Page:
THE SINGING BELL—An intergalactic criminal steals treasured, musical lunar artifacts.
THE TALKING STONE—A spaceship crew is planning on some illegal uranium mining with the help of on intelligent creature mode of rock.
WHAT'S IN A NAME?—Everything. Especially when twin librarians ore involved in a murder.
This book collects together his best mystery short stories, the greater part of which have an SF theme. They often hinge on a clever piece of word-play. Asimov loved jeux de mots, and had a tendency to be a little too silly with them, but here he gets it right; ...more
"Orbituary" and "The Billiard Ball" are the stand out stories in my opinion. Anyone who says Asimov can't write should give these a go and it might change their mind.
Of the stories contained herein, only a few are of the kind that you, as the reader, try to guess "who done it" before it's revealed at the end. Doing so will require quite a deep knowledge of scientific and ast ...more
If I had to pick a favourite, it'd be 'Marooned Off Vesta' & 'Anniversary'. They are connected and were the most fun read of the collection.
It's still out there, and still an entertaining read. First, let me excerpt from ...more
The Singing Bell - 2/5. Meh. Decent setup, banal ending.
The Talking Stone - 3/5. Hmm, not bad I guess. Very marginal 3.
What's in a Name? - 3/5. Well executed but the twist was too simplistic.
The Dying Night - 3/5. Again, a bit too obvious.
Pâté de Foie Gras - 4/5. Ah, finally. Fabulous twist, even if there was a bit too much jargon thrown in.
The Dust of ...more
While there is indeed a mystery element to all of these stories, I would say ...more
He was always writing mysteries, it forms the bulk of his work, whatever some idiot reviewers on here will pretend, both straight and sci-fi, most of his robot stories were mysteries after all. These are a collection of his sci fi mystery shorts, none robot related.
All accessible, enough science to satisfy the hardcore, but always explaine ...more
A Goodreads friend reviewed this, and it immediately piqued my interest because it is sci-fi and it is mystery and the two together are really hard to do. Up to this point, I had only read Larry Niven's attempts at this (best compilation of these: The Long Arm of Gil Hamilton) and was quite satisfied with his results. I figured it was time to try another sci-fi grand master and see what I got.
1. Asimov is not Niven. He did not write at the same time, and while they both ...more
The premise is a good one: science is all about mystery, so why hasn't science fiction embraced mystery as a (sub)genre? It seems like possibilities would be endless.
As mysteries, these are strange. They are much less "who done it?" as "how was it done?" The ...more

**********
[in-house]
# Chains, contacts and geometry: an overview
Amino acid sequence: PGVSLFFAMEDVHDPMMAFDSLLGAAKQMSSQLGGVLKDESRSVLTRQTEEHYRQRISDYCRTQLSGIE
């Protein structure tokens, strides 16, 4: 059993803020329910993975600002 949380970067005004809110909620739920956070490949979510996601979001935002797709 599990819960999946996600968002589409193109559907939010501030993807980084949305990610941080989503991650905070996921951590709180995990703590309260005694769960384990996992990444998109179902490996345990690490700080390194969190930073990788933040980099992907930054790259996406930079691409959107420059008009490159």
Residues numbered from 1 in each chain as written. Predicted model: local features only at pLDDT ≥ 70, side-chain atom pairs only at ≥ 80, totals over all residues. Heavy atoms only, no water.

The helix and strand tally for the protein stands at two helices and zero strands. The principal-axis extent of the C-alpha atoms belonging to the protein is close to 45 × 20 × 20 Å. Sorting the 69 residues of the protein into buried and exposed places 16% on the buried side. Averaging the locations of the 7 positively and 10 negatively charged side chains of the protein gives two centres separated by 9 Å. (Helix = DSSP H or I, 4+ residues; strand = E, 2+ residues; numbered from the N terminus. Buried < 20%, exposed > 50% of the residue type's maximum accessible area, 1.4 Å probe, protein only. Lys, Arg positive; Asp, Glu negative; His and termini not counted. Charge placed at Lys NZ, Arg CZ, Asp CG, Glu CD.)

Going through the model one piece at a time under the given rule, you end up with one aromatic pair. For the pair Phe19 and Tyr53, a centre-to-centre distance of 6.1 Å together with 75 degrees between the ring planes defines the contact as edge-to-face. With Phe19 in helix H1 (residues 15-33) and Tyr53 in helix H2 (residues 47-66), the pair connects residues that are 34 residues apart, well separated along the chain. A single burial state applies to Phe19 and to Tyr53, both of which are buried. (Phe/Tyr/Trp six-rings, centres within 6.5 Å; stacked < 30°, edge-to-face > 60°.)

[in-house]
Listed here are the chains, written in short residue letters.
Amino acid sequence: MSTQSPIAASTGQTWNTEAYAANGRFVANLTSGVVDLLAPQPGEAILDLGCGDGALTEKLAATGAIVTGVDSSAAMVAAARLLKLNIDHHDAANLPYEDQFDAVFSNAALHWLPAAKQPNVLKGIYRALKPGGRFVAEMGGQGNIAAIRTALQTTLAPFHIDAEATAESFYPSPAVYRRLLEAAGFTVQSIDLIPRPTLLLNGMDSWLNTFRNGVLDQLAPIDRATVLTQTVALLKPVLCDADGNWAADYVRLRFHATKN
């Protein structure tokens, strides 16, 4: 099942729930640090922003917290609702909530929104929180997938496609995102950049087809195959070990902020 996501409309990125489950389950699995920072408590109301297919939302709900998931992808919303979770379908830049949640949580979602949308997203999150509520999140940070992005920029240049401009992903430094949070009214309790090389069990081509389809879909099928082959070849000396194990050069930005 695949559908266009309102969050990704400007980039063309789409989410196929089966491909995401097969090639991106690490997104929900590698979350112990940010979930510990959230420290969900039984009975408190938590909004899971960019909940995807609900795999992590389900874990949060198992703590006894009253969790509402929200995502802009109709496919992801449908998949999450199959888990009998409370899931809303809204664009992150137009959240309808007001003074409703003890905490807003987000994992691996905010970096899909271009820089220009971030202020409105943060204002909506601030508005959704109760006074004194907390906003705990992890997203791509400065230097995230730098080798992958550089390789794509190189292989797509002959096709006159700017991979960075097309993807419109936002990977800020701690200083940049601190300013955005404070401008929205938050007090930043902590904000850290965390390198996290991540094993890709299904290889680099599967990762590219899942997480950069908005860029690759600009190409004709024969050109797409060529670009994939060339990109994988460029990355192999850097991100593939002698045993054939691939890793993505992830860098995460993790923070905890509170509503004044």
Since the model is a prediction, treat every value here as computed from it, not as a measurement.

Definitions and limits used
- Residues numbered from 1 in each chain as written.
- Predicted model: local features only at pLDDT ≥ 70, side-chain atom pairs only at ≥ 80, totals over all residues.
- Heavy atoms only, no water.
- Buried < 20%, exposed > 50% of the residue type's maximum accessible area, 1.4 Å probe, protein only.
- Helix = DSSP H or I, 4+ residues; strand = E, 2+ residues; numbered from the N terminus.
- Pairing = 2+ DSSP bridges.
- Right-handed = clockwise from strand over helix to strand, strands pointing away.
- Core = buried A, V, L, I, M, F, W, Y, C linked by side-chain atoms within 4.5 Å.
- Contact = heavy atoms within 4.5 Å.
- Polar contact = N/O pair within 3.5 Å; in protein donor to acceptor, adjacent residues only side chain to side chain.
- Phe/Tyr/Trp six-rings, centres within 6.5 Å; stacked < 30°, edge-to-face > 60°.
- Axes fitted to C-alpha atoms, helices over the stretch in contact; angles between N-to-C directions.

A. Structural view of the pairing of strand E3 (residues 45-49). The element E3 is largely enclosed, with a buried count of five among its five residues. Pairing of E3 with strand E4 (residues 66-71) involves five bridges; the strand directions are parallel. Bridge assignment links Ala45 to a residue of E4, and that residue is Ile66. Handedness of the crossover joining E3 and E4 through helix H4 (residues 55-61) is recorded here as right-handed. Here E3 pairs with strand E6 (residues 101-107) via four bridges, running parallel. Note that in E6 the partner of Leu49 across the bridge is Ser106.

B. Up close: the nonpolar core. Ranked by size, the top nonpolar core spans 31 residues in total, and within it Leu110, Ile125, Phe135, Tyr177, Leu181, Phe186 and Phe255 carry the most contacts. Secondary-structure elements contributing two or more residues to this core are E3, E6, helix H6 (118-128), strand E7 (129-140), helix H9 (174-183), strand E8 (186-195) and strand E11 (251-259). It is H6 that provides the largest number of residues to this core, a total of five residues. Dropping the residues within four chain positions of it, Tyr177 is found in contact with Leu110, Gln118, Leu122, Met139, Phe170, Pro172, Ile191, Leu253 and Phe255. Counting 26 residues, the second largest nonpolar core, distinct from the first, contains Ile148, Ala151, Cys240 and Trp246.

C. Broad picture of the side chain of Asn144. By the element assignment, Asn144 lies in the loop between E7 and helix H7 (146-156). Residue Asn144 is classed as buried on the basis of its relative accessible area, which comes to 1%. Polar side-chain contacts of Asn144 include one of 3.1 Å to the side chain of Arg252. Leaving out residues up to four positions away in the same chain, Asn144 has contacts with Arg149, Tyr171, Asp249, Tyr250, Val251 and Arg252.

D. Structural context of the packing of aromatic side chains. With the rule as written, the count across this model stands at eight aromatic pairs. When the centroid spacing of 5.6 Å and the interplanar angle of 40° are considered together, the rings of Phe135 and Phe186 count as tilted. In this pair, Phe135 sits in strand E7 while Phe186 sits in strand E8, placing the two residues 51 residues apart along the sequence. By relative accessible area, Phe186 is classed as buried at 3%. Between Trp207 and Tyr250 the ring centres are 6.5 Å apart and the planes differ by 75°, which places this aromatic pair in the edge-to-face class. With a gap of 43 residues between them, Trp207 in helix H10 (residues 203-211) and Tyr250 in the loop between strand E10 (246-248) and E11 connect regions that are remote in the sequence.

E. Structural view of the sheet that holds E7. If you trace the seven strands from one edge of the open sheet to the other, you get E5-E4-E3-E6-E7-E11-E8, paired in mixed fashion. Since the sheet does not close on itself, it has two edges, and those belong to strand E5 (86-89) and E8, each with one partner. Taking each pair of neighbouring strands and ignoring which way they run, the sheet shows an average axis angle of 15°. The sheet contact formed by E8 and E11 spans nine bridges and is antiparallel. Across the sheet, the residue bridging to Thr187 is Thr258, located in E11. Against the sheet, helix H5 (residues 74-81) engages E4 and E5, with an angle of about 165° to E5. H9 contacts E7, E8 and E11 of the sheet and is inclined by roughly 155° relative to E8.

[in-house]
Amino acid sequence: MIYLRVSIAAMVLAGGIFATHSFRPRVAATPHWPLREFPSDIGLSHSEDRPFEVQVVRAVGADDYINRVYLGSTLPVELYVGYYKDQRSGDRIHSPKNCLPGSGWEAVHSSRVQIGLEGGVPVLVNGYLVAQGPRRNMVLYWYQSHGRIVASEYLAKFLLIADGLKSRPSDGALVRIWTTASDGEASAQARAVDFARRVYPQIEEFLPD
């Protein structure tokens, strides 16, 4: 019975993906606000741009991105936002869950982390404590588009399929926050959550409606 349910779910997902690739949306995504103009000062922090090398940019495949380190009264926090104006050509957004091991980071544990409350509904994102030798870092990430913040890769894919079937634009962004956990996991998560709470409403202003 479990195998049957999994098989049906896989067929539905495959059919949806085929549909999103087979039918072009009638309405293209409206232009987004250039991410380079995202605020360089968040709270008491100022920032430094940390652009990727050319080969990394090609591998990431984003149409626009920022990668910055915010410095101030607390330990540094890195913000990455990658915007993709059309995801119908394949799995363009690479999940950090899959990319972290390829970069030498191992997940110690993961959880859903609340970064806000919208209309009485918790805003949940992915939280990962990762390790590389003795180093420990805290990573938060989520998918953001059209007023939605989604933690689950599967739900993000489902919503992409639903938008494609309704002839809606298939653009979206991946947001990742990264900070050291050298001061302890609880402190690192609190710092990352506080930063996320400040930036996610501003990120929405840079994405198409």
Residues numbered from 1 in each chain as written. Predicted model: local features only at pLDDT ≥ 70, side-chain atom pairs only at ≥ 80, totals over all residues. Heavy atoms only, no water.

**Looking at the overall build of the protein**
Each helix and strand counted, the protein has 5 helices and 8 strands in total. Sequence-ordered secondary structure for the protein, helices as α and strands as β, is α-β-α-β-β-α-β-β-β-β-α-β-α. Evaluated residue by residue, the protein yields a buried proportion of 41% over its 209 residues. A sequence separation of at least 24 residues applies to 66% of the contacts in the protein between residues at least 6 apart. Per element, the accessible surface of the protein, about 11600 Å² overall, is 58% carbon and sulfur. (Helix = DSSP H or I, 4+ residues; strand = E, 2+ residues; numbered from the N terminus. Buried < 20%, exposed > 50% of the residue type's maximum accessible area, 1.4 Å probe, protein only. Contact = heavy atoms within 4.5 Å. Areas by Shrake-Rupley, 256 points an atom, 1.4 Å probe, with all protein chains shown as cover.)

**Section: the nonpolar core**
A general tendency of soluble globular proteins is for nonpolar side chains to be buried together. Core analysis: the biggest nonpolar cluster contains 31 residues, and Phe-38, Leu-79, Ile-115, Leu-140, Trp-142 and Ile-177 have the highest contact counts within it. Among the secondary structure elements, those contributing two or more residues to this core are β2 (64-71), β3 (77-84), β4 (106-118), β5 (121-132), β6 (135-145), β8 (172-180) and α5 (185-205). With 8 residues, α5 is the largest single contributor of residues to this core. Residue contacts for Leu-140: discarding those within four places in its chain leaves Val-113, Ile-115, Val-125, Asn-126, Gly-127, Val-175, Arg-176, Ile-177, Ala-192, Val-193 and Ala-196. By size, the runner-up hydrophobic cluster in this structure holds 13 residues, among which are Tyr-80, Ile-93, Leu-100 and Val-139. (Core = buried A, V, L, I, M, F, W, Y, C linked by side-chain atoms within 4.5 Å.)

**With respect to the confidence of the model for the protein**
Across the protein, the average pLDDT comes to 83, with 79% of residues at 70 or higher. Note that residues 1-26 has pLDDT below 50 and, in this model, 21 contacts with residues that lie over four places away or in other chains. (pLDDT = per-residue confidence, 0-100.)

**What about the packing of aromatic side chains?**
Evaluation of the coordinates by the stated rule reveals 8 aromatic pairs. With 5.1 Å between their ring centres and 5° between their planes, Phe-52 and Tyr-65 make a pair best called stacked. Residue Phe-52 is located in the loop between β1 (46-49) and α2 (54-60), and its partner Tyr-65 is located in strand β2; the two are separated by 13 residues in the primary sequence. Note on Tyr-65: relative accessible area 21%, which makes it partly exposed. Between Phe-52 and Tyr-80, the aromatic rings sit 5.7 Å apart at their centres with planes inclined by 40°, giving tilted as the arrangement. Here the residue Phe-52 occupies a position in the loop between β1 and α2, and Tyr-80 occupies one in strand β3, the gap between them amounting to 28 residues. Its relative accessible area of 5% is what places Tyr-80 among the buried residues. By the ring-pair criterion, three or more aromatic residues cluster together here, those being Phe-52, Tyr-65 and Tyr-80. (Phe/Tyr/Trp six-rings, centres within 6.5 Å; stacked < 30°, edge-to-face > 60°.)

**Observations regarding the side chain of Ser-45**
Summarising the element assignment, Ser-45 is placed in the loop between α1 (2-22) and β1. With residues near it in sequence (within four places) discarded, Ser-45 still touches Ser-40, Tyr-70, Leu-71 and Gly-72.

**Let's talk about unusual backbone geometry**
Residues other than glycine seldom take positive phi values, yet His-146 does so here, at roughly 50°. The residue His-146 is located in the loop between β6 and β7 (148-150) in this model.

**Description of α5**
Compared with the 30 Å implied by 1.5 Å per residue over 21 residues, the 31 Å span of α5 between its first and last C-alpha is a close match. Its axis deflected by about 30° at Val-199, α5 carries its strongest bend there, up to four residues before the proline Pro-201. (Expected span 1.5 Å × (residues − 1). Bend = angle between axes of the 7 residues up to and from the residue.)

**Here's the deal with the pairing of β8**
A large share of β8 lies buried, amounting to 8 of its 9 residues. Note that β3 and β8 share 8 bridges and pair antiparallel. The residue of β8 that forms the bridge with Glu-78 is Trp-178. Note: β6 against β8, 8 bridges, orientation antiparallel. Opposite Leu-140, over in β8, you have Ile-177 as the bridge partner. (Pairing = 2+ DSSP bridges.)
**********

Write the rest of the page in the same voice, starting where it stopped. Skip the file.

There are 13 stories in this collection that were gathered from various publications. All stories contain a foreword or afterword that offer amusing insights into the development of the stories or describe shortcoming ...more
Thirteen short science-fiction mysteries by the acclaimed science writer are presented together with commentary.
I think I first read a copy of this collection (it even had this same cover) around the age of 12 or so (so ca. 1982), after finding it on my mother's bookshelf. It is a testament to the quality of the writing and how tightly the plot hangs together (subsequent scientific advances aside) that some 30 years later I remembered the ending "reveal" of each story upon
'Asimov's Mysteries' is a collection of 13 short stories written by Isaac Asimov which are a blend of the two genres- Sci-Fi and Mystery. Almost all the stories in the collection are cleverly plotted and tease the reader, however, the doze of mystery and science vary in each. The ...more
Si bien todos los relatos son buenos o muy bueno ...more
In some ways the first short story in this collection, The Singing Bell,is the best. That's because some thought has gone into the plot to make the murderer cunning. Or maybe I just like the style? It reminds me of Nightfall and Ot ...more
(view spoiler)[My most favorite short stories are:
The Singing Bell
This short story is awesome. Even though, we know who is the murderer (Asimov introduced the murderer and the victim to us at the beginning!!!!!!), how and why he did it? The story is exciting and interesting. It's easy to follow the plot. I truly admire how Dr. Urth solved the case. And how weird and contradictory he is. He works as an extr ...more
Urth, extraterrologiste émérite, ne s'est jamais éloigné de son
domicile. Cependant, ce savant en pantoufles possède une connaissance si
parfaite des planètes étrangères et de leurs habitants que c'est à lui
que la police a le plus souvent recours pour démasquer les criminels
intergalactiques. Ainsi, pour notre plus grande joie, assistons-nous au
mariage heureux de la science-fiction et de l'intrigue policière. Du
In any case, Asimov's mysteries are fairly easy to guess. It kind of reminds me of one of the characters of one of the stories from this volume, who is really obvious with his puns. Asimov's mysteries were quite obvious. The ...more
His writing feels a little more dated now than it did when I first discovered Dr Asimov, both in terms of style and scientific accuracy, but if I am reminded of one thing from reading this volume it's that he was always able to tell a good tale that carries the reader easily from start till end - it's still not that commonplace to find an author that is so easy to ...more
Scientifically, the stories deal with everything from alternate ...more
Professor Asimov is generally considered one of the most prolific writers of all time, having written or edited more than 500 books and an estimated 90,000 letters and postcards. He has works published in nine o ...more